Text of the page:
To: The #SkinishMom
Seriously, I’m frustrated. I’m being told that it’s IMPOSSIBLE not to produce enough breast milk for my baby. Every mom has milk, and blah blah blah. But hello? What I’ve been struggling with for the past 3 weeks is not a dream, it’s a nightmare IRL.
Whoa! I hear you and I’m never ever gonna say that U Will Have Enough M-I-L-K. I absolutely certainly understand your frustration, and MarcieMom understands too. See her cartoons on breastmilk production.
Seriously, I have nothing against the lactation consultant in the cartoon (why should I? It’s only a drawing.) But I do have everything against lactation consultants – gosh, I’m being totally undiplomatic but this is my column and I say it as I meant it. I’ve no idea why lactation consultants (or the few I know and heard of) seem to think all mothers will have enough breastmilk. The worse (and worst) part?
It is assumed that it is you (the mom who’s already struggling with caring for a newborn, lack of sleep, totally fatigue in a touchy state of relationships with every other adult human you’re stuck with) who have not done something right.
This is a sad truth – google ‘low breastmilk supply’, instead of getting articles that tell you there’s a medical basis for not producing enough breast milk, you get articles telling you you’ve done something wrong or not done something, that’s why YOU don’t have enough breast milk. Imagine if you google ‘low phone battery’, you’d get articles on what’s wrong with the battery, the technology behind the battery and that’s why it drains juice faster. We’re apparently less sympathetic when it comes to breasts. Low breast milk? It’s the mom, never the breasts.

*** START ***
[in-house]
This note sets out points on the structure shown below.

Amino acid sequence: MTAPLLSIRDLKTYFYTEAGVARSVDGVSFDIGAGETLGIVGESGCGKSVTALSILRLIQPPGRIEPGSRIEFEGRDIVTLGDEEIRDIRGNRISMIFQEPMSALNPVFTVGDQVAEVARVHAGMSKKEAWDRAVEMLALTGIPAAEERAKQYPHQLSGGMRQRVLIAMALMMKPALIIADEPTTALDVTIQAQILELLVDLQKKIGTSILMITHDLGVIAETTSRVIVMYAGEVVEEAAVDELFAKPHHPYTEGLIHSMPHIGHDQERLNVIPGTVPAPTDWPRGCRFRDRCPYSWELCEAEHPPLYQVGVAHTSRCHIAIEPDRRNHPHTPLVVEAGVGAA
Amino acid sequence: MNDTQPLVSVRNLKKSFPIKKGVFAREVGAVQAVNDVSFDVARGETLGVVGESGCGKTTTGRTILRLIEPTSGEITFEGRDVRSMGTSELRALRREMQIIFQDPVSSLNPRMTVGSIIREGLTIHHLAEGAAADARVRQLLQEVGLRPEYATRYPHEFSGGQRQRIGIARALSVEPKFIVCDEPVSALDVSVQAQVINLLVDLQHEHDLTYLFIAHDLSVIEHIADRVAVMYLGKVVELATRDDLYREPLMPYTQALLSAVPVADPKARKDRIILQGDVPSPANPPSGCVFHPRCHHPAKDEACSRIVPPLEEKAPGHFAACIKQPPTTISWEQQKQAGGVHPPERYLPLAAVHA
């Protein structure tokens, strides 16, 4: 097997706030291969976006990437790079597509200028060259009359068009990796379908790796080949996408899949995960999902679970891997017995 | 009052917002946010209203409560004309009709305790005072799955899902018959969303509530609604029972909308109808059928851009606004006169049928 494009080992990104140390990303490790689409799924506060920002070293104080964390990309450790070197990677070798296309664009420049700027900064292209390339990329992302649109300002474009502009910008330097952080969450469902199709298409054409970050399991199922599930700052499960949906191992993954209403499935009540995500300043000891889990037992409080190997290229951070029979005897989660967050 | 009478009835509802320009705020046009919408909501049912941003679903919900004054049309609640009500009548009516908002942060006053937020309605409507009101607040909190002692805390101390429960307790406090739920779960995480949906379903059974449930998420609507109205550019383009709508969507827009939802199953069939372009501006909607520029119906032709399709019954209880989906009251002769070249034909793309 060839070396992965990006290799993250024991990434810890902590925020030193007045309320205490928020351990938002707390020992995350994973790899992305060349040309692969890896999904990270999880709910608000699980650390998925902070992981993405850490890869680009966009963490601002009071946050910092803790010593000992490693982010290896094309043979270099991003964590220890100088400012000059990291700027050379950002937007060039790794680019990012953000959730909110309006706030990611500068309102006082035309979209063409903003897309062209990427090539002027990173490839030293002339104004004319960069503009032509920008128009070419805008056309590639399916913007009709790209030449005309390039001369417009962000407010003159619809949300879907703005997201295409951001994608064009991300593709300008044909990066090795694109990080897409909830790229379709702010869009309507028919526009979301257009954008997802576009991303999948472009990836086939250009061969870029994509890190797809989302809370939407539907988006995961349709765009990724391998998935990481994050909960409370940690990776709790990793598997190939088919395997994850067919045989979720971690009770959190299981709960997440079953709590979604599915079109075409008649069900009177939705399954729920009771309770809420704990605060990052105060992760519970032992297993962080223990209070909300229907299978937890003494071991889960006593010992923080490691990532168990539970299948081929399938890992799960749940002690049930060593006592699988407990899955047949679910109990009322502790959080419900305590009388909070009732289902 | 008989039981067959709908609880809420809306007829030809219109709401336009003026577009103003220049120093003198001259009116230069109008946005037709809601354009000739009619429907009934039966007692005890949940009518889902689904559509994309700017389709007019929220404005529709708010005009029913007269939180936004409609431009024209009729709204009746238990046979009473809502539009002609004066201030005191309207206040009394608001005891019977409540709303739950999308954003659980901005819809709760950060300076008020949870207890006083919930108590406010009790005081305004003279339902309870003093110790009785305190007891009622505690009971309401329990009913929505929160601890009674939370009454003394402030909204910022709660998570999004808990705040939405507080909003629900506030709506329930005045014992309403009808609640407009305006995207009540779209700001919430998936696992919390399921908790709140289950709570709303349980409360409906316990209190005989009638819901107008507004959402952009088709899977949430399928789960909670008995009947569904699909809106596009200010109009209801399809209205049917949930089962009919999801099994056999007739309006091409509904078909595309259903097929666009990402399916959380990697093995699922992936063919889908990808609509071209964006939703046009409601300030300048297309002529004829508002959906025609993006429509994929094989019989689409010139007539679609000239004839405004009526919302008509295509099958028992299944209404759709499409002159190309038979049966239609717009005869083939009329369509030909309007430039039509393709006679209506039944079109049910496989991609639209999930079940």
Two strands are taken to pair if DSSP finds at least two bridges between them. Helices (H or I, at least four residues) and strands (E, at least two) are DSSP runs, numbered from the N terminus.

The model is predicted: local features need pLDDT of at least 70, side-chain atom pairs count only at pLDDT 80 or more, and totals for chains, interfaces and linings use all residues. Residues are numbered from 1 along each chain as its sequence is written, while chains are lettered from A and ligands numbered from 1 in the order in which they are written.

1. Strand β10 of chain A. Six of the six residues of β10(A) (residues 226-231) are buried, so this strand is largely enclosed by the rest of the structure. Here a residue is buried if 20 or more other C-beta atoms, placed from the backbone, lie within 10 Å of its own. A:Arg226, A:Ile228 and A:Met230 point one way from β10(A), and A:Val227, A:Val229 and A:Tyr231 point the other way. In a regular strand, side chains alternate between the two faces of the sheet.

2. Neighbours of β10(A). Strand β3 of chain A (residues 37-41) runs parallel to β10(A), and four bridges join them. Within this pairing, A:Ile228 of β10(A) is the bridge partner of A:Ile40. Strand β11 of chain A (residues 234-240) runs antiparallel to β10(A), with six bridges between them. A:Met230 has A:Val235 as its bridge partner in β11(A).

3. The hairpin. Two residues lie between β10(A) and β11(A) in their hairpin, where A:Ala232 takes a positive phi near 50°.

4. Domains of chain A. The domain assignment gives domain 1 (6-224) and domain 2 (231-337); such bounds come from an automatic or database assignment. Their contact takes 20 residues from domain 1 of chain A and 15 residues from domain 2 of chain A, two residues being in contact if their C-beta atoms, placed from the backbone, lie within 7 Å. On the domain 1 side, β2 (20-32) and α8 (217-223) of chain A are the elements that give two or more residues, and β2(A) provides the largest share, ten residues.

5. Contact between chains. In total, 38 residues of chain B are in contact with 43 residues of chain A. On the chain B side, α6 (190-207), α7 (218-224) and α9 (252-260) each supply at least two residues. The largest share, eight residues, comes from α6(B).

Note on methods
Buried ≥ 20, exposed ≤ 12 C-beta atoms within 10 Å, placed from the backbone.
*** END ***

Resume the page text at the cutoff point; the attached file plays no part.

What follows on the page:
Here are the common reasons about the mom (for low breast milk supply):
- Not feeding immediately in hospital
- Not feeding enough (variations of this is not feeding baby at each breast long enough, not feeding frequently enough, not pumping enough)
- Not latching-on correctly
- Being a wimp and offering formula milk instead of persisting without it
- Not eating more, not drinking enough, not enough rest
I’m sure above is medically sound BUT what I understand you’re asking is there’s some reason why you’ve done the above and nothing is working. Maybe there are extenuating circumstances that force you to pump less frequently, how about ‘it’s been only 10ml for every 3 hours I pump my breasts, there’s still no improvement after 3 weeks and I’m already at the point when my breasts are already juiced dry’.
So #SkinishMom investigates and finally, for once, I’ve uncovered some reasons that are linked to the breasts, not the mom.
- Milk not expressed within 6 hours of delivery – this one I totally agree. Right after delivery, for whatever reason, your baby may not be taking enough from your breast. The initial delay in stimulating the milk production may really make it much harder to get the milk flowing when you return home. Why didn’t anyone suggest expressing milk when you’re in the hospital? Oh wait, maybe the hospital doesn’t have a facility to store the milk. Next time, get a breast pump and mini fridge and plug into beside your bed.
- Hospital-grade pump. We’re talking about those that cost $500, electric and double-breast. Since breast milk production is so important and the delay caused by a lousy pump can have long and devastating impact, why didn’t hospitals at least lend moms the pump so that we can go and buy it before we get home?
- Not enough milk ducts, clogged nipples, hormones – It’s strange when I think of it. Because it’s assumed that you should have enough breast milk, no one actually diagnosed why you didn’t have enough breast milk. There could really be something wrong with the breasts or the hormones that stimulate the milk production.
Personally, in my totally bias opinion, I think that if there is a higher acceptance for moms who really don’t have enough breast milk, there will be solutions on how to help them. For instance,
- Don’t expect latch-on; just pump and try your best but don’t drain yourself.
- Let me see your breasts, it’s possible there’s something to be done about them rather than your fault.
- Don’t worry about the low breast milk – you’re not less of a mom than the woman beside you with engorged breasts. Don’t worry about your baby taking formula milk – no one will know whether a breast fed baby or bottle fed baby will win the human race.
So there, I hear you, signing off with a cartoon from Mom NeedyZz series